Mount Rushmore Suspends Fireworks for July 4th Celebration

June 15, 2010
Filed under Trailer News

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Mount Rushmore National Memorial Acting Superintendent John Scott
announced that the use of fireworks will be suspended for the 2010
Independence Day Celebration, due to the unacceptable risk of starting a
catastrophic wildfire. The celebration is scheduled to continue,
however, as the planning team seeks to improve the safety and enjoyment
of this year’s event without the use of fireworks. This popular annual
festivity has become the summer’s biggest patriotic event at the park.

“Due to the beetle epidemic affecting forests surrounding the
park, the wildfire hazard during the 2010 summer tourist season will be
high to very high. Therefore, the National Park Service is cooperating
with partner land management agencies to explore and implement ways to
reduce the risk of wildfires, especially human-caused ones,” announced
Scott.

Scott says, “Fireworks at the memorial introduce an unnatural,
human-caused risk of starting a catastrophic wildfire. This restriction
will maintain the safety of visitors and the park’s natural resources.”
Fireworks during previous events at the park ignited fires, which,
fortunately, were able to be contained by park and supporting agency
staff. “However, 2010 is like no other year in that the fire danger is
too high and the risks to the park, our neighbors and the Black Hills
too great. In evaluating the current situation, the National Park
Service has determined that eliminating fireworks at Mount Rushmore in
2010 is the most prudent and responsible course of action.”

Planning for the 2010 Independence Day Celebration will be
adjusted to incorporate this change. Based on the results of past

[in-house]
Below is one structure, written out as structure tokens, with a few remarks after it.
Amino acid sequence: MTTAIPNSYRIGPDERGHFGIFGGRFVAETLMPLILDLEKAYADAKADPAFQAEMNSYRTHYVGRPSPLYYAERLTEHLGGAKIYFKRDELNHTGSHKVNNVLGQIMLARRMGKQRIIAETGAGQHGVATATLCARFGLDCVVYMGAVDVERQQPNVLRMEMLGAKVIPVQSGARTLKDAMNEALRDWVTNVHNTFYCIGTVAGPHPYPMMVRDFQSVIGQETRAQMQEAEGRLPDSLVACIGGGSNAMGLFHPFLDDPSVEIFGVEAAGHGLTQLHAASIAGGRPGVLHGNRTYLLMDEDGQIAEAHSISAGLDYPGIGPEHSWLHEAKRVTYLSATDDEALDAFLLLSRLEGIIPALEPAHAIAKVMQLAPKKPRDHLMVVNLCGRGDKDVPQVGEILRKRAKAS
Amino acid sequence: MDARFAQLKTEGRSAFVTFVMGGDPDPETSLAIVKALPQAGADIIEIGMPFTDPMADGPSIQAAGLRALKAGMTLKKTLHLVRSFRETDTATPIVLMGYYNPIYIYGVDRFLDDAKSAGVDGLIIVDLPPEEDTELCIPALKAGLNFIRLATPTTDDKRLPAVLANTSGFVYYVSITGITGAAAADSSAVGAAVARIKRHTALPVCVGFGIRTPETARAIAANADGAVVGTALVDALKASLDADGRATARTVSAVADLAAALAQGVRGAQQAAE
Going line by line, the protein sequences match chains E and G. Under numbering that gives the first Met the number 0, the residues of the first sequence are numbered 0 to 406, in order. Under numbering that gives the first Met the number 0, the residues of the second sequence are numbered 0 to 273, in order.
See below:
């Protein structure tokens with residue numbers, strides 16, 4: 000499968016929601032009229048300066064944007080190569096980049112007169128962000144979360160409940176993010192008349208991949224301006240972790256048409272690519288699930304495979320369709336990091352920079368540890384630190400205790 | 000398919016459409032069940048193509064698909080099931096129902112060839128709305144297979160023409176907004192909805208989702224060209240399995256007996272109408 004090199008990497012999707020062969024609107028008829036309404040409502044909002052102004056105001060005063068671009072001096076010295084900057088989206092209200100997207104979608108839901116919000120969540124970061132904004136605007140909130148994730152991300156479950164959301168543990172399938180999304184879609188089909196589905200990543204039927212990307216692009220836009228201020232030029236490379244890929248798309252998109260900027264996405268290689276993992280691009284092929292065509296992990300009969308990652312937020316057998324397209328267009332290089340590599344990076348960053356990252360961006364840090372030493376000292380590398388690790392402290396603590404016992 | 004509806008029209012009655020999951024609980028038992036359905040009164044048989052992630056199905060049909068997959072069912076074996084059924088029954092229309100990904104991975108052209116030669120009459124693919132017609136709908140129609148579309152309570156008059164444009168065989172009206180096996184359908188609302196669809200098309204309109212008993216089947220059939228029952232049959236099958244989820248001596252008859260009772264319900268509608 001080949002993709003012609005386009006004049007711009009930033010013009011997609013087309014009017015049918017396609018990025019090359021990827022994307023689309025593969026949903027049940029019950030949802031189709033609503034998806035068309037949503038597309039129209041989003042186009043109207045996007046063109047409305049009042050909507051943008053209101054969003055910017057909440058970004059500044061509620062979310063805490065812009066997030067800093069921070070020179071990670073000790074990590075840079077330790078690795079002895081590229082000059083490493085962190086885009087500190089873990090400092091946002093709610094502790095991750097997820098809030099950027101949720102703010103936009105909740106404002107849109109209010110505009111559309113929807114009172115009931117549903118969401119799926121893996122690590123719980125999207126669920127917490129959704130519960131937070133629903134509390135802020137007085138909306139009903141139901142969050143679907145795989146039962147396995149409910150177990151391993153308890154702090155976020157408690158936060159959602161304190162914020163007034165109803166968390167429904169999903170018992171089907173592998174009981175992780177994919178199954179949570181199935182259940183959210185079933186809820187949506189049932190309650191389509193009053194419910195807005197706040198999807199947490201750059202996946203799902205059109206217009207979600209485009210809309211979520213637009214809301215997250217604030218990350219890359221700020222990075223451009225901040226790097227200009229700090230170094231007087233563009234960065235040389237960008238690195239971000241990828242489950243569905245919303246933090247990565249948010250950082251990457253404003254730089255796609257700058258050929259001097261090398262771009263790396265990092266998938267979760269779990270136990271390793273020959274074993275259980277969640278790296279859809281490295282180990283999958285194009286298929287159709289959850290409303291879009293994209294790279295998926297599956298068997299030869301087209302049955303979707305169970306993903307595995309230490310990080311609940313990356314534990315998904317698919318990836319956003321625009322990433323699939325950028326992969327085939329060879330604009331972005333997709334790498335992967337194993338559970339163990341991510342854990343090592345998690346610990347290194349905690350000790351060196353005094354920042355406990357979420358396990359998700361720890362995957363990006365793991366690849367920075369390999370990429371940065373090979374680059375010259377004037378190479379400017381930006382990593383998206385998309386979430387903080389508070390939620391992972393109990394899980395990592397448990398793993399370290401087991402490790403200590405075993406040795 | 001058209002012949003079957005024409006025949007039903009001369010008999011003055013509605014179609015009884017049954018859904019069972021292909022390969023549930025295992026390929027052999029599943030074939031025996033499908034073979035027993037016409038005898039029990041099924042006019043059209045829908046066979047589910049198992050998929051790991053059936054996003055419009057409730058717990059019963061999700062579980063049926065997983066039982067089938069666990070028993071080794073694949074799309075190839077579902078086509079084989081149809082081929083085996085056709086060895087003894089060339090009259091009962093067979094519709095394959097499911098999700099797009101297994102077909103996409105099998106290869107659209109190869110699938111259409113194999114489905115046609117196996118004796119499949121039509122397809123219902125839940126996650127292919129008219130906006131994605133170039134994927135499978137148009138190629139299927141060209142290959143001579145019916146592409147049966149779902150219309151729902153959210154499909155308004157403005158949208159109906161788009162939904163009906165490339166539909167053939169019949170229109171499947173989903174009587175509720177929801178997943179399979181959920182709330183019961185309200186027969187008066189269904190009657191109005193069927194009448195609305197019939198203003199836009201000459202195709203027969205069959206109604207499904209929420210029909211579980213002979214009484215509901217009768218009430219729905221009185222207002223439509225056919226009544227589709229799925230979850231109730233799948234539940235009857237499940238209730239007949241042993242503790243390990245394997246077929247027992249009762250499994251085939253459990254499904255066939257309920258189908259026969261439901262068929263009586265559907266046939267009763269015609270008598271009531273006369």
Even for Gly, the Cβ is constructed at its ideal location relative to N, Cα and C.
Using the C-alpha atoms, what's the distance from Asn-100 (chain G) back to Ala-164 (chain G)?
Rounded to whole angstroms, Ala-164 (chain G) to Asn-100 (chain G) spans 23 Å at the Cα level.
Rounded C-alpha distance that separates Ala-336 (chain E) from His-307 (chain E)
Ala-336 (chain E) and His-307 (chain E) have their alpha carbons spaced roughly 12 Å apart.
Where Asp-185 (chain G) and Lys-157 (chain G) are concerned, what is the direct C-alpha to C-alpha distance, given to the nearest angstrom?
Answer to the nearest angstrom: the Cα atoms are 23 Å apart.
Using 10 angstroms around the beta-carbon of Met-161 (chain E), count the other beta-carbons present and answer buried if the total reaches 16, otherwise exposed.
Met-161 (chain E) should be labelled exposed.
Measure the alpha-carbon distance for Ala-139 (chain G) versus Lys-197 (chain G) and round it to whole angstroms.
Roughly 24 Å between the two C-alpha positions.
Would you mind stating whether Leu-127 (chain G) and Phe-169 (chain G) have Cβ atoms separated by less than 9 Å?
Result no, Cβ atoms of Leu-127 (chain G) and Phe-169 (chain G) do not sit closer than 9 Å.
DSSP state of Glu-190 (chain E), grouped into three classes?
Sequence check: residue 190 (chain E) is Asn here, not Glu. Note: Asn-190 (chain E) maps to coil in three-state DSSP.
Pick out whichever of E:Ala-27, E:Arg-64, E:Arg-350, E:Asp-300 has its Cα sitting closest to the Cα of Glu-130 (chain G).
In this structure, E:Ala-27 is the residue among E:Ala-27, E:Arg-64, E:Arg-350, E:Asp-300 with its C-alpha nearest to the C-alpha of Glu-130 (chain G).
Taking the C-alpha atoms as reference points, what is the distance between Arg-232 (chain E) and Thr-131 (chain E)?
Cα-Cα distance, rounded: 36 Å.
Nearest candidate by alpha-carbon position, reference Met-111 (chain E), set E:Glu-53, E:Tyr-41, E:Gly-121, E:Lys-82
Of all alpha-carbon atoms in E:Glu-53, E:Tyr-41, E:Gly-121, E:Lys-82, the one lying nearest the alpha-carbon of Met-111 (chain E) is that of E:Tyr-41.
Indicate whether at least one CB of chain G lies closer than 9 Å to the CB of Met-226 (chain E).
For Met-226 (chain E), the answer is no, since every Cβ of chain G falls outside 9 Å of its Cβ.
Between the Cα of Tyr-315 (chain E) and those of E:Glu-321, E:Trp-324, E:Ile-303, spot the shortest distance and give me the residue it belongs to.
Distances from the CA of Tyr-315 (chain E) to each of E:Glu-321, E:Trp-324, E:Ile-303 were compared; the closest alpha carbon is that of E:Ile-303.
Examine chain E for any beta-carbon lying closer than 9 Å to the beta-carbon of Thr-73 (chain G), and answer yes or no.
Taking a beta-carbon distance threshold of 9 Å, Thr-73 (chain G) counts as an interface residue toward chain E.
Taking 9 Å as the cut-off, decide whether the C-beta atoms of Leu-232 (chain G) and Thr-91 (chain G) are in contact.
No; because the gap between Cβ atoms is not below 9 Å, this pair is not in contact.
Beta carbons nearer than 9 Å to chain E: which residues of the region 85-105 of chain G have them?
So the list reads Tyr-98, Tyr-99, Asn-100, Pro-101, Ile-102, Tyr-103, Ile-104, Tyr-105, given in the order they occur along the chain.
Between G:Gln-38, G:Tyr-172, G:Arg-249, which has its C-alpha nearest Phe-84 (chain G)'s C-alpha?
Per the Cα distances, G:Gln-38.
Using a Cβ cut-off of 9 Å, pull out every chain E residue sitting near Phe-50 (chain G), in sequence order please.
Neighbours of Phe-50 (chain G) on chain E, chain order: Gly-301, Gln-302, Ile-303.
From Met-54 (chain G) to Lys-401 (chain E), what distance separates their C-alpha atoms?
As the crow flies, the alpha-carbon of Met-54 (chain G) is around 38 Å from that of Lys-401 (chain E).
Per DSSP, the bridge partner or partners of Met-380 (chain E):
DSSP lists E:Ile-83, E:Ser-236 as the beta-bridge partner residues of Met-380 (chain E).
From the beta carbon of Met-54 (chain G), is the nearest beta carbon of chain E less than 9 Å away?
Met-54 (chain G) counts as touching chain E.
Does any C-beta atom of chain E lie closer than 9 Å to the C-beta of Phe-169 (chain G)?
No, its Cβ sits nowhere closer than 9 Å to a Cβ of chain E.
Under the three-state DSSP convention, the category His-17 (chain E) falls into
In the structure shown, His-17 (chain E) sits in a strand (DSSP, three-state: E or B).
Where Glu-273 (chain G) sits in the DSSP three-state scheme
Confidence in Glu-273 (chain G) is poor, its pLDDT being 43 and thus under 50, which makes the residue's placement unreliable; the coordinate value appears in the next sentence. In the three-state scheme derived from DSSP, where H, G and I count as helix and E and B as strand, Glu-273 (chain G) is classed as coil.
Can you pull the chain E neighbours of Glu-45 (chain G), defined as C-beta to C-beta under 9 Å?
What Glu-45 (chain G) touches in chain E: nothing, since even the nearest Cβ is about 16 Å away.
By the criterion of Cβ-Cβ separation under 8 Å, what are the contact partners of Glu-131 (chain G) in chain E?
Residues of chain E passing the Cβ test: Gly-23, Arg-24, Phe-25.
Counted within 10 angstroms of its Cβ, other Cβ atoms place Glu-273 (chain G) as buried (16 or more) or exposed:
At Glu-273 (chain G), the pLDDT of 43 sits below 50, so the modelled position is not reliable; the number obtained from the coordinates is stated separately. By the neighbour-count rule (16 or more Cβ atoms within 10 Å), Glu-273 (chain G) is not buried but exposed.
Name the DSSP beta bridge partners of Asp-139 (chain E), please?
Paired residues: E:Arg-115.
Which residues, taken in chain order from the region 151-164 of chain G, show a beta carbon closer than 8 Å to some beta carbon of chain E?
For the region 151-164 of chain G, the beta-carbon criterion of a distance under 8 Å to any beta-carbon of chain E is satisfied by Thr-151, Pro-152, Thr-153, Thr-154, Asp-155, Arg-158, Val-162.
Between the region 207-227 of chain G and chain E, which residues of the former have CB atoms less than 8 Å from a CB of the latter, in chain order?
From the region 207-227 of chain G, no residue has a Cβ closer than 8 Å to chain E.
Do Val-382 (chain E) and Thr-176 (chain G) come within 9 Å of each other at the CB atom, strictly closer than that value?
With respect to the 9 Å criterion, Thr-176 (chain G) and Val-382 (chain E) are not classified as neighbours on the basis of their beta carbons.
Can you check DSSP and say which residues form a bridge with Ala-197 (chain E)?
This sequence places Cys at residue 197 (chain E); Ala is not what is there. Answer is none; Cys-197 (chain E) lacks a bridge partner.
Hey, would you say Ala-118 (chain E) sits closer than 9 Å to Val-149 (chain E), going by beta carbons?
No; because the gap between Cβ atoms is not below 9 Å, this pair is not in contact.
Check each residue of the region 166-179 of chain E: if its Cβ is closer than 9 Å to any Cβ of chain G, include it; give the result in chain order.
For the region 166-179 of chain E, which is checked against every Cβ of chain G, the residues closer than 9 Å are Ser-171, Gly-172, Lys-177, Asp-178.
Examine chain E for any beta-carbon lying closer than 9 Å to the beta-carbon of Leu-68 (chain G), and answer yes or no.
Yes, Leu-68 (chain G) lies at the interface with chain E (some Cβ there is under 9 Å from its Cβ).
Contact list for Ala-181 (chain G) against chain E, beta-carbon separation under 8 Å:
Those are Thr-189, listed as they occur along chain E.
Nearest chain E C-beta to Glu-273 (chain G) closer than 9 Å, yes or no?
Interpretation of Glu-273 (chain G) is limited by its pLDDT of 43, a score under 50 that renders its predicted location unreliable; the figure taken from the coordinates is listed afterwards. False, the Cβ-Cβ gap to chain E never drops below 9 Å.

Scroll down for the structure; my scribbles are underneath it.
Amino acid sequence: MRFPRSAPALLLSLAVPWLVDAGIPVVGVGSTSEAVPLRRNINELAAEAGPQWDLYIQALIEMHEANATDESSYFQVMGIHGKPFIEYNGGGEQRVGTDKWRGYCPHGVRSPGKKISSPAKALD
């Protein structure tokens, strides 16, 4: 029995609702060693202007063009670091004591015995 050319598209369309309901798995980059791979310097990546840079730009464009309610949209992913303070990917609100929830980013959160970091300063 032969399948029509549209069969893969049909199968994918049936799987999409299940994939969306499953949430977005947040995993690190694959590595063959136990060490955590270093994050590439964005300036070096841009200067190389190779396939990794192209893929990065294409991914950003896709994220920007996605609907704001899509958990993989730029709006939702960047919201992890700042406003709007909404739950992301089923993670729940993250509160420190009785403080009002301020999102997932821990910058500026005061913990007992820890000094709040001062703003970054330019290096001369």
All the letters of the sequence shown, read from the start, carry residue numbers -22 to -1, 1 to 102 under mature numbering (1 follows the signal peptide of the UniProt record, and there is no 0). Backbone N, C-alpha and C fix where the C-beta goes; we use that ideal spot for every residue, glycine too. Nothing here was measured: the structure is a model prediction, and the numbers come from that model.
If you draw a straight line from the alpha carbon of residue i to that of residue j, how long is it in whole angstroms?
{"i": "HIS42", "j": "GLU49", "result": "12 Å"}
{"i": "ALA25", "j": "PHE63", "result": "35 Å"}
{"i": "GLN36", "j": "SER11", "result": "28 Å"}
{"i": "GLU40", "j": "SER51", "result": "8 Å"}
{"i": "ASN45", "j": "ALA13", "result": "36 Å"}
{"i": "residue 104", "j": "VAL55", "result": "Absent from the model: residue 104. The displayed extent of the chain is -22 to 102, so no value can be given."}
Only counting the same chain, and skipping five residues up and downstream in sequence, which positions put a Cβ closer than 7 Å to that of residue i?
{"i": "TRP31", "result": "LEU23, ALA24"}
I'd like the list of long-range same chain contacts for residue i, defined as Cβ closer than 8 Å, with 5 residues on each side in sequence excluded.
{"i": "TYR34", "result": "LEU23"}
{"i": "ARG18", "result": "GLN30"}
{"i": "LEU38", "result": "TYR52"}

events, the planning team will be looking for ways to improve the safety
and enjoyment of this year’s event. Superintendent Gerard Baker adds,
“The park will continue collaborating and cooperating with its partners
to develop this year’s Independence Day event at the memorial to
commemorate the birth of our nation. Suspending the fireworks in 2010
demonstrates the value we place on the unique natural resources in the
park and the Black Hills. These lands are sacred to us all and deserve
the extra caution used to come to this decision.”

During the last several years the proliferation of mountain pine
beetles has resulted in more than 330,000 acres of infected and dead
pine forests in the Black Hills. The memorial is home to the second
largest contiguous stand of old growth ponderosa pine forest in the
Black Hills and beetles have infected scattered populations of old
growth trees throughout the park. The nearby Norbeck Wildlife Preserve
and the Black Elk Wilderness Area of the Black Hills National Forest
have been particularly affected.

Due to the high number of standing dead trees with needles intact,
local, State and Federal land management agencies are concerned that a
fire in or near affected forests have the potential to grow into a
wildfire with catastrophic results including great risk to human safety
and property and would drastically alter the exceptional character and
appearance of the park as well as the Black Hills for generations to
come.

The memorial and nearby communities benefit from high visitation
during the July 4th holiday and expects that this year will be another
spectacular event. “Independence Day in the United States is such an
important time to celebrate our freedom and independence. It is also
the time where we remember the soldiers who have fought for this country
and those who continue to sacrifice their lives around the world. Our
event at Mount Rushmore celebrates the heritage of America and the
military personnel who protect us. We are looking forward to hosting one
of America’s greatest celebrations,” concludes Baker.

More information will be posted at www.nps.gov/moru as planning progresses in the months to come.

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